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Birthing gowns

Ob/Gyn   (3,115 Views 14 Comments)
by Bostonnurse06 Bostonnurse06 (New) New

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LDRP nurses: what's your opinion on birthing gowns? They've been popping up on all the mommy blogs, but I wonder how practical they actually are. What are your thoughts on birthing gowns versus johnnies during labor and delivery- both from a nurse and from a patient point of view?

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klone has 13 years experience as a MSN, RN and specializes in Women's Health/OB Leadership.

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I have no opinion whatsoever. I am in favor of the woman wearing whatever she wants to wear.

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LibraSunCNM has 10 years experience as a MSN and specializes in OB.

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I've always wondered why it's such a big deal for women to wear a hospital gown in labor (and side note: I love that in Boston a hospital gown is called a "johnnie" and literally nowhere else calls it that!). It's not like they're sterile. Someone could have died in it the day prior. As long as the patient is OK with the fact that their personal gown might get dirty, who cares?

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6 Posts; 216 Profile Views

I myself prefered Hospital gowns when I delivered because birth can be messy, but I would be OK with whatever the mom felt comfortable in. I just changed into a nursing/pajama dress after I gave birth for comfort! I love that you call them johnnies! I have never heard that before. I'm in CA.

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cayenne06 has 10 years experience as a MSN, CNM and specializes in Reproductive & Public Health.

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Agreed, wear whatever you want as long as it's something that can come off or move aside without too much fuss. I wouldn't buy a birthing gown because that sounds like a waste of money to me, when a nightgown or PJs would work just as well. However, it's true that feeling confident and comfortable is important in labor, so wanting a nicer outfit is totally reasonable if you have the extra cash. And i guess a lot of providers are weird about foregoing the johnnie, so maybe a patient would get less pushback if they bring an Official Birthing Gown, doctor approved.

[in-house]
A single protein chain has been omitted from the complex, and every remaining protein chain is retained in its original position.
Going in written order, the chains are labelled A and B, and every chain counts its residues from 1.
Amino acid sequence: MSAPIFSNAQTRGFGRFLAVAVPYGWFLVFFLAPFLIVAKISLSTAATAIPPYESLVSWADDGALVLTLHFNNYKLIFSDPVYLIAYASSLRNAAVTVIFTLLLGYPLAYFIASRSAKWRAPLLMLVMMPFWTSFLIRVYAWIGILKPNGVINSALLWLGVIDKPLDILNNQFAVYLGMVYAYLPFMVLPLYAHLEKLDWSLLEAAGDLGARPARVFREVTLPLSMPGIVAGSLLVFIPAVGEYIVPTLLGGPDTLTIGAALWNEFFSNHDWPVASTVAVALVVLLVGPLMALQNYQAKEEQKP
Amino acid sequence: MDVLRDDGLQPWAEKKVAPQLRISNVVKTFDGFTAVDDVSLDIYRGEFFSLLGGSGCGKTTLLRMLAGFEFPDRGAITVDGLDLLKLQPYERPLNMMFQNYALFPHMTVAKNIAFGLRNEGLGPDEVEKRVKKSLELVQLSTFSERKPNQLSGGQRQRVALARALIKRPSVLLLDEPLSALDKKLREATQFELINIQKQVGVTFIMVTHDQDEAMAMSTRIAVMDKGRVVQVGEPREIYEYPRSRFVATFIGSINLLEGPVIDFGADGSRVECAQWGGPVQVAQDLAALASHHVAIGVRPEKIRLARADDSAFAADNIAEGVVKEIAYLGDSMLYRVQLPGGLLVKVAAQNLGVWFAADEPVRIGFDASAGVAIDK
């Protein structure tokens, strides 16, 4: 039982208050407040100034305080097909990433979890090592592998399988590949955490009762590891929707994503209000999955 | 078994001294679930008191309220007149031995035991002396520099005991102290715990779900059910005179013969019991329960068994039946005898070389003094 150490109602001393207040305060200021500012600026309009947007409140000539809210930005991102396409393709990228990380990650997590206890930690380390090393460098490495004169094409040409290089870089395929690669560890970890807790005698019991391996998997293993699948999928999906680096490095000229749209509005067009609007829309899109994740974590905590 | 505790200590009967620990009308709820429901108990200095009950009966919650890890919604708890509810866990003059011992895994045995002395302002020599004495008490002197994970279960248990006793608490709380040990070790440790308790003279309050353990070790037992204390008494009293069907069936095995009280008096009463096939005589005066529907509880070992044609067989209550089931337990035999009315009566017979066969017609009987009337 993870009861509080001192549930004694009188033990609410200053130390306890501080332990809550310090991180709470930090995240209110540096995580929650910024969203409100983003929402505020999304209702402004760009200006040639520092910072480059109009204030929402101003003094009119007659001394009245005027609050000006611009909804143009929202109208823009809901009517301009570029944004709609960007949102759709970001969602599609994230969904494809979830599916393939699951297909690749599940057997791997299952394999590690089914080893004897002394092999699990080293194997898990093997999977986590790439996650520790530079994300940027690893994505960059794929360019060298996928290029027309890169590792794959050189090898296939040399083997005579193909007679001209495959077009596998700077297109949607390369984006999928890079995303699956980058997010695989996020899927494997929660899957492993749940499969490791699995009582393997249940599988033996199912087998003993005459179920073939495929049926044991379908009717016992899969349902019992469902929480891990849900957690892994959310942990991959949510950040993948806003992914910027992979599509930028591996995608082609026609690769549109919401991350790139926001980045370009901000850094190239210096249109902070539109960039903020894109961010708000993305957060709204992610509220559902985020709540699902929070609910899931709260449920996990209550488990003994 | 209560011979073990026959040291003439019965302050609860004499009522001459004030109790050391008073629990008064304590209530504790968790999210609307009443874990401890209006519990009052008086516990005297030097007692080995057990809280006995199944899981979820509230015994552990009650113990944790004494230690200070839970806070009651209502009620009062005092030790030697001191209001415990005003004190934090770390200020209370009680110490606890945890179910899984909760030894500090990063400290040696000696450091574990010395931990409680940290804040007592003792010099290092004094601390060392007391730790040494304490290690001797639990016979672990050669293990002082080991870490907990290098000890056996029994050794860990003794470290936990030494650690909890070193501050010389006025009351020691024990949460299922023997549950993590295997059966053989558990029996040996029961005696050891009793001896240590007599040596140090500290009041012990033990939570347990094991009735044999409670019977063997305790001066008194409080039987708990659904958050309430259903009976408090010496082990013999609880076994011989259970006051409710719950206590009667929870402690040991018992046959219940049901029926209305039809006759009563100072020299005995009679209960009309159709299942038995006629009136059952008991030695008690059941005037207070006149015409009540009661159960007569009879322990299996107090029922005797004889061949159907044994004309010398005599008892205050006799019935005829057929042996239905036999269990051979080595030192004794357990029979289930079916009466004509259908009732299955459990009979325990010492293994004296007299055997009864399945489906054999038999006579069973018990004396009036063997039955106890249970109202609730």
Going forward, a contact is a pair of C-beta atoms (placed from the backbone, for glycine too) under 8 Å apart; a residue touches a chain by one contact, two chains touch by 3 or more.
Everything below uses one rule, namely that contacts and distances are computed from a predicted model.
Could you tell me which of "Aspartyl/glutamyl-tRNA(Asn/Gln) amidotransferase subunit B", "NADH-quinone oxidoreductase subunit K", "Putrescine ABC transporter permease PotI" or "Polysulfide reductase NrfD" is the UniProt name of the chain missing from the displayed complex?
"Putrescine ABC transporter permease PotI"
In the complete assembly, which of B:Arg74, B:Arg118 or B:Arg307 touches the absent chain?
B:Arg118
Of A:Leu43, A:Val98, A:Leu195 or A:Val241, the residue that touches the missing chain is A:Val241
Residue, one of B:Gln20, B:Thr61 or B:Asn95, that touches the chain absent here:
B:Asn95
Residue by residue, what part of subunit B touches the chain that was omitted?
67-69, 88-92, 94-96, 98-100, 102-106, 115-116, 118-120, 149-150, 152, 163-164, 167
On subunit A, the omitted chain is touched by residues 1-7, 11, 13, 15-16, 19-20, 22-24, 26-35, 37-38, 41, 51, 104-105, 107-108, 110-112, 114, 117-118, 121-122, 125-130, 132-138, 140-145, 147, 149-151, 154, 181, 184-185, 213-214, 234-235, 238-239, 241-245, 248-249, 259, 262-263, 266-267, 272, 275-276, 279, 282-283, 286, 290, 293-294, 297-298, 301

I once had an ED doc refuse to see my son until he changed into a hospital gown. Considering he was there for a psychiatric issue, it was hugely problematic and stressful for both of us. What a big jerk she was. I was young then, and was too intimidated to push back. Nowadays you better believe I would have shut that business down before it even started.

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adventure_rn is a BSN and specializes in NICU, PICU.

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Your post made me curious, so I googled them.

The only problem I can see is that a few of them (depending on the brand) don't have snap or tie sleeves like hospital gowns, which would make it impossible to remove the soiled gown without unhooking your IV; some nurses may not care about unhooking the IV to change clothes, but others wouldn't like it. Probably a non-issue if you're just getting LR or NS, potentially a bigger issue if you're on a continuous drip like mag or pit.

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Thanks for the replies! And that's so funny that other parts of the country don't call hospital gowns johnnies. I had no idea!

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NurseCard has 13 years experience as a ADN and specializes in Med/Surge, Psych, LTC, Home Health.

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LOL, I have NEVER heard of the term "johnnies"!

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Johnnie? Giggling here. LONG time nurse and never heard the term. I might just start calling them johnnies myself! On the subject of birthing gowns..why bother? More laundry for a new mom to deal with later, and if she ends up going to surgery or needing a hospital gown its a pain where a pill don't reach. Many gals end up with nothing on anyway as we do skin to skin/kangaroo care.

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R5RN is a BSN, RN, EMT-P and specializes in ED and CTICU.

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I came across this post because it popped up under "popular" and I was surprised that calling a gown a "johnny" is a regional thing! I am from CT, too and we always call them johnnies.

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LibraSunCNM has 10 years experience as a MSN and specializes in OB.

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Johnnie? Giggling here. LONG time nurse and never heard the term. I might just start calling them johnnies myself! On the subject of birthing gowns..why bother? More laundry for a new mom to deal with later, and if she ends up going to surgery or needing a hospital gown its a pain where a pill don't reach. Many gals end up with nothing on anyway as we do skin to skin/kangaroo care.

I assume the idea behind them is to feel more comfortable in your own clothes, as opposed to a hospital gown which has the connotation of being "sick," which most laboring women are not.

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